– The COVID-19 pandemic (henceforth pandemic) has women particularly hard. In almost all countries, women constitute the bulk of the labour force in the service sector, which was hardest hit by the pandemic. Furthermore, they also represent a disproportionate share of the work force in particularly vulnerable sectors such as health care. Women also have disproportionate if not sole responsibility for home work including taking care of children.
In many developing countries where most families are engaged in the informal sector women also had to bear the additional cost of their men folk losing their jobs as workplaces were shut down because of persistent and repeated lockdowns.
http://www.ipsnews.net/2020/07/impact-covid-19-women-children-south-asia/Furthermore, there is evidence to suggest that during the pandemic, casualization of the work force has increased substantially. Because of their filial responsibilities, women are disproportionately represented in the causal work force. This has meant a further loss in incomes for many women.
When analysing women’s attainments it is helpful to view it as a sequence of two steps. First, one could look at indicators of human development followed by women’s actual attainments in terms of wages, salaries and representation in key positions.
Indicators of human development disaggregated by gender is available in the Gender Development Index (GDI) computed and published annually by the UNDP as part of its Human Development Report.
The GDI views disparities women and men in three different dimensions of human development: health, schooling and measures of living standards. The GDI first calculates Human Development Indicators using these three measures for both women and men separately and then takes the ratio of the index for women to the value of the index for men. The closer this ratio is to 1, the more equal is society for both genders.
Every year the UNDP computes this index for 167 countries which are classified into five groups based on the absolute deviation from gender parity in HDI values. This means that grouping takes equally into consideration gender gaps favoring males, as well as those favoring females.
The latest GDI for the world as whole is 0.943, with HDI value of 0.714 for females and 0.757 for males. Women marginally outperform men in the area of life expectancy; they have equal attainment as men in expected years of schooling but fall behind men in key areas of mean level of schooling and gross national income per capita by gender.
Although the GDI is a useful measure, of how much women are lagging behind their male counterparts and how much women need to catch up within each dimension of human development, there are a number of areas in which they are unable to capture key underlying trends. For instance, in the area of nutrition within the family standard measures assume that there is equal access for males and females within the household. Recent literature emphasizes that this may not be the case. Indeed, female children may be discriminated against in comparison to their male counterparts.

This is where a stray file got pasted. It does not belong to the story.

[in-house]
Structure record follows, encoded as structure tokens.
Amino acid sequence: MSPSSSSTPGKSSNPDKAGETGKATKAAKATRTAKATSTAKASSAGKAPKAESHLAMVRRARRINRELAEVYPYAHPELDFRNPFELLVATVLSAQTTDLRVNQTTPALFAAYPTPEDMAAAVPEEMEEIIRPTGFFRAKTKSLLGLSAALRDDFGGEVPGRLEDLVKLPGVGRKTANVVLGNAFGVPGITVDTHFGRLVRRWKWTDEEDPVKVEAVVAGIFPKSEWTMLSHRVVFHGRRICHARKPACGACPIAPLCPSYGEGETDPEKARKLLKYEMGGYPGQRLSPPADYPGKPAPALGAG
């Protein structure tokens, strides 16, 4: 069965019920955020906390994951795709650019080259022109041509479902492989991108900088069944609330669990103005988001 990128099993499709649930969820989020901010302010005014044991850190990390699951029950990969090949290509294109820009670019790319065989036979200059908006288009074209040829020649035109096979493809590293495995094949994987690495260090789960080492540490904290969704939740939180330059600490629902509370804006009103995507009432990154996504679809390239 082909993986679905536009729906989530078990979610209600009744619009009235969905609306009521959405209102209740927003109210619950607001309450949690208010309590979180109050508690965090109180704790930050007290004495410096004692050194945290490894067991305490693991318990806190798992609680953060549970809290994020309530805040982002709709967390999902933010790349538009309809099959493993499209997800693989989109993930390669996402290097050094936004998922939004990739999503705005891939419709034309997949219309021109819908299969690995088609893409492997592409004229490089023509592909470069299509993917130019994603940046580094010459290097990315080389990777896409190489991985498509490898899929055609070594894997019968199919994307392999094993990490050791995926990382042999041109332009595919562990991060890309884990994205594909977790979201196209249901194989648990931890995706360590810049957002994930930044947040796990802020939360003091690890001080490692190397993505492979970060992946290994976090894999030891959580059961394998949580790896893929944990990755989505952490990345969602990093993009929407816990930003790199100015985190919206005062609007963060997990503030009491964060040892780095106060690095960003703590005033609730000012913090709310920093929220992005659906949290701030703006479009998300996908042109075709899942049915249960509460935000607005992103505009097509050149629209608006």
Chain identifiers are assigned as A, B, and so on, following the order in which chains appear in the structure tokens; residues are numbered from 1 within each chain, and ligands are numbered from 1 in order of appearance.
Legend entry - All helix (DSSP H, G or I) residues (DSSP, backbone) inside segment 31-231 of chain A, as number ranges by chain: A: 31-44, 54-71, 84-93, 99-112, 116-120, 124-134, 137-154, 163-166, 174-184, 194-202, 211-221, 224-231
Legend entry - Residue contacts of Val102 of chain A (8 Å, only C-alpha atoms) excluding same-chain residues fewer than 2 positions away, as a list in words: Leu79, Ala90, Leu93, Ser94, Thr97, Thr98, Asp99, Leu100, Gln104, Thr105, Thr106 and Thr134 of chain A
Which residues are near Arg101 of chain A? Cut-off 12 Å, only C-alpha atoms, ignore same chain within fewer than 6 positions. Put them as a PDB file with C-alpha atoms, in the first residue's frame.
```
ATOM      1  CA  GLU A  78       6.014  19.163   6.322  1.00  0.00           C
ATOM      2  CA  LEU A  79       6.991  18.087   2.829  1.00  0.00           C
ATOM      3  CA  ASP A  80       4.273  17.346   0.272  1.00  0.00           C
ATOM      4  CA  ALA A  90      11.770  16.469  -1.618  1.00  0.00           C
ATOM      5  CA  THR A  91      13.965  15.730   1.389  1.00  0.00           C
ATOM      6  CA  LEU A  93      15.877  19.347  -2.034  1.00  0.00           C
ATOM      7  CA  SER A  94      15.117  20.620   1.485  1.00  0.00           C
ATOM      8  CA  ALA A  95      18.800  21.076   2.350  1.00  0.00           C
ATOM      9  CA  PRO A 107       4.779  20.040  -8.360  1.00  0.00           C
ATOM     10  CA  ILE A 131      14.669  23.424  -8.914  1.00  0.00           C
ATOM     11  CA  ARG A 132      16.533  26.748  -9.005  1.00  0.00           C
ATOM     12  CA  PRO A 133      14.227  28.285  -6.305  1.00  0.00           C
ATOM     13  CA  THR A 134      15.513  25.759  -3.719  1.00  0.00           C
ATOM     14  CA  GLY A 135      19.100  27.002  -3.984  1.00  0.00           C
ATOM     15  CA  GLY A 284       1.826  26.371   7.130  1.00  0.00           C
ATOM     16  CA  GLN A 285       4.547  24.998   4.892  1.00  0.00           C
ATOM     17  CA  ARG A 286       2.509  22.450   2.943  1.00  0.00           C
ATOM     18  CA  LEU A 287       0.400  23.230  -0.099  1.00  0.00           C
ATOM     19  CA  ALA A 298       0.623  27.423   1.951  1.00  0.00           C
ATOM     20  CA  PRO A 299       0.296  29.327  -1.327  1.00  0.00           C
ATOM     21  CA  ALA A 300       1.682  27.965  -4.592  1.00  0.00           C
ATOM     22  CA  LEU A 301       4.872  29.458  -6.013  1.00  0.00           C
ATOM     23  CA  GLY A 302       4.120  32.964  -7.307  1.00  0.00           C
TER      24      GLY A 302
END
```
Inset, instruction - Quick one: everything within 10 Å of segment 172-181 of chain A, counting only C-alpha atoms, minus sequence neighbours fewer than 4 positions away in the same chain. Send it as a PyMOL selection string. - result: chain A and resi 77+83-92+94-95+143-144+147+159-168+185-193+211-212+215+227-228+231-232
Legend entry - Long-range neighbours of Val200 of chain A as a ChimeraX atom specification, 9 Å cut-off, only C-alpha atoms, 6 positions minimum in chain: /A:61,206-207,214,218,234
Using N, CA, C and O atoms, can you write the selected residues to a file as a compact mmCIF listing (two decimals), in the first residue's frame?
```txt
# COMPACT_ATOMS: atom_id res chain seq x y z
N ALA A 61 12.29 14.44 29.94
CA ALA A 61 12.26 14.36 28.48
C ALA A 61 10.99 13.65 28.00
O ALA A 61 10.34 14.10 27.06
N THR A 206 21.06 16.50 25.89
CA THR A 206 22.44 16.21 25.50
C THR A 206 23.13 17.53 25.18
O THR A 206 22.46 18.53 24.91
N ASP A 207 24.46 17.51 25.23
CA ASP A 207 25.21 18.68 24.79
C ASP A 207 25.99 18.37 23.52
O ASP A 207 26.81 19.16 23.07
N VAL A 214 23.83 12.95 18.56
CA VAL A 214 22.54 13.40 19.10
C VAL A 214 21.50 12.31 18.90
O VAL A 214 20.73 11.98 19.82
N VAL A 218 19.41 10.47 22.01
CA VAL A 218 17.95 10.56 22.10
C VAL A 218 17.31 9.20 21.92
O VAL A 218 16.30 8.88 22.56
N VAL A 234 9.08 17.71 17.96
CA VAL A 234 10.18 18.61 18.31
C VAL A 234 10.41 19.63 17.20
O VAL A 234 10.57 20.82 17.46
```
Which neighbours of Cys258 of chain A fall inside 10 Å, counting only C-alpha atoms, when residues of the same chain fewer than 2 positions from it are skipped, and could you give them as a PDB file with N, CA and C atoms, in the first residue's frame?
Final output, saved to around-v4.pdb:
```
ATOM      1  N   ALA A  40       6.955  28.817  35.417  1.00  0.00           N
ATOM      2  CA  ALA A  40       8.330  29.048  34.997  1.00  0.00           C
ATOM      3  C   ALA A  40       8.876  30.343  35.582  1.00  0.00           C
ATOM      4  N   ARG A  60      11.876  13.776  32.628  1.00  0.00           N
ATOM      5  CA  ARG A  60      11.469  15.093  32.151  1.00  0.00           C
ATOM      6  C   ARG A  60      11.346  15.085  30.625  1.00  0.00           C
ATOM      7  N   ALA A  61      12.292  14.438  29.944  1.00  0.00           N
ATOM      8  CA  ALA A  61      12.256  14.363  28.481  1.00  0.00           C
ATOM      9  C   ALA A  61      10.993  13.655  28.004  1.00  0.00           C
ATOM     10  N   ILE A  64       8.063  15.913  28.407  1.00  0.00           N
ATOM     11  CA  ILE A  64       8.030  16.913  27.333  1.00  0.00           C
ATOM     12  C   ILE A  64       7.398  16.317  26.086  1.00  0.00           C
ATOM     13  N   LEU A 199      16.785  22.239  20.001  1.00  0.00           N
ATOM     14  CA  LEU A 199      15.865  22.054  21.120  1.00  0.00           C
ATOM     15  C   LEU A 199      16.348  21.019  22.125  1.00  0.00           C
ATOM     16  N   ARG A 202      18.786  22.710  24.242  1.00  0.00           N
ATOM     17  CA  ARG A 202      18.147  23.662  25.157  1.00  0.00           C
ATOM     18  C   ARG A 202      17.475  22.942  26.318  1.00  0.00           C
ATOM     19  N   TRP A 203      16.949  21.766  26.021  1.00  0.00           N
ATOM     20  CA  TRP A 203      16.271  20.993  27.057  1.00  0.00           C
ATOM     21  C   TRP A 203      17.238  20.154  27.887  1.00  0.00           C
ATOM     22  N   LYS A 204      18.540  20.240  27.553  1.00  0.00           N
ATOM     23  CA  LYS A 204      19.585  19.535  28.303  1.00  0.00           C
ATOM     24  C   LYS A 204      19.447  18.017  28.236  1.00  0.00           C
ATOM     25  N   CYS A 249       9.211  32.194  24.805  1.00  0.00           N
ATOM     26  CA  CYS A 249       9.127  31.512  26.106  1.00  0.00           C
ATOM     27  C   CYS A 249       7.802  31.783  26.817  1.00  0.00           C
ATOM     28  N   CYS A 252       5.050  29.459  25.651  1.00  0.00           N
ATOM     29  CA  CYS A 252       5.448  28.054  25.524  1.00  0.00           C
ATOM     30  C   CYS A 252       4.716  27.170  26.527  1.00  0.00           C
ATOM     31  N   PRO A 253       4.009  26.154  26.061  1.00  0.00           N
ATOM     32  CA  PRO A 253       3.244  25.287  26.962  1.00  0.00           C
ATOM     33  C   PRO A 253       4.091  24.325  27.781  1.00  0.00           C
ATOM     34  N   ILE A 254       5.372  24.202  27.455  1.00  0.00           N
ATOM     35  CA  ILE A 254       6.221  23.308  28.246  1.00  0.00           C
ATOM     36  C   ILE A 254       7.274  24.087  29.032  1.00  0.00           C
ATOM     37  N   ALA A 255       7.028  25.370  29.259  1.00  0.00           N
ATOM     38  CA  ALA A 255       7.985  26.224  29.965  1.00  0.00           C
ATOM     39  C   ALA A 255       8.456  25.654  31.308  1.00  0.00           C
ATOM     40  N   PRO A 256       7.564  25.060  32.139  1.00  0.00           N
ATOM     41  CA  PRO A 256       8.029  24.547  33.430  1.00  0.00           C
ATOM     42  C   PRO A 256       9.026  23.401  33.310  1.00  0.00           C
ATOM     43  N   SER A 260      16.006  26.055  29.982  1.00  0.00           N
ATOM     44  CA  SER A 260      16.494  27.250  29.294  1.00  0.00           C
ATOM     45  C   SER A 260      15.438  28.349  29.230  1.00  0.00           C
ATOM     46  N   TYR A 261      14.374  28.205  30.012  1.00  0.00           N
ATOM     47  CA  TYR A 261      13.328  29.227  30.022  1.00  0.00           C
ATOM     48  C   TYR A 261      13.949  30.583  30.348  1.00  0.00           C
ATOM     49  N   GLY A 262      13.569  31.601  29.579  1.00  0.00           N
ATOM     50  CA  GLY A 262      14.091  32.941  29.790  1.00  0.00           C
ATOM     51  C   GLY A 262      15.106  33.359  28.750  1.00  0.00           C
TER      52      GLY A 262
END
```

Moreover, in some countries although enrolment of females in primary is quite robust, secondary female enrolment in school drops off. See chapter 8 of http://www.springer.com/gp/book/9781349953417
In many countries female students are under-represented in key disciplines of study such as science and mathematics and over-represented in less remunerative areas of study.
When we analyse the second step — women’s actual economic attainment — the conclusions are even less sanguine. For example, in the case of Australia (a country with a GDI of 0.976) women are underrepresented in almost all leadership and management positions.
According to the latest data, women hold only 32.5 % of key management positions, 28.1 % of directorships, 18.3 % of CEOs, and 14.6 % of board chairs.
An international comparison of women’s attainments in some key countries is available in:
Such trends have caused many observers to feel that women face a broken rung in the ladder for leadership in organisations.
As if such results were not enough, there is compelling evidence to suggest that men are paid more than women (gender gap)
In recent years, although the gender pay gap has narrowed this progress has now stalled.
With this as background, one comes to the conclusion that women are economically worse off than men largely because women’s work is not fully priced in the marketplace. From the family to the frontiers in science, technology, politics and the armed forces women provide absolutely critical services, but these services are not always valued adequately.
The primary reason why such gaps have persisted for so long is attitudinal. From the household to the board room women face attitudes that are inimical to their interests. So, along with legislative and other measures to ensure equality for women all sections of all societies must work on their attitudes towards women.
The author is professor of Economics and Executive Director, Australia South Asia Research Centre, Australian National University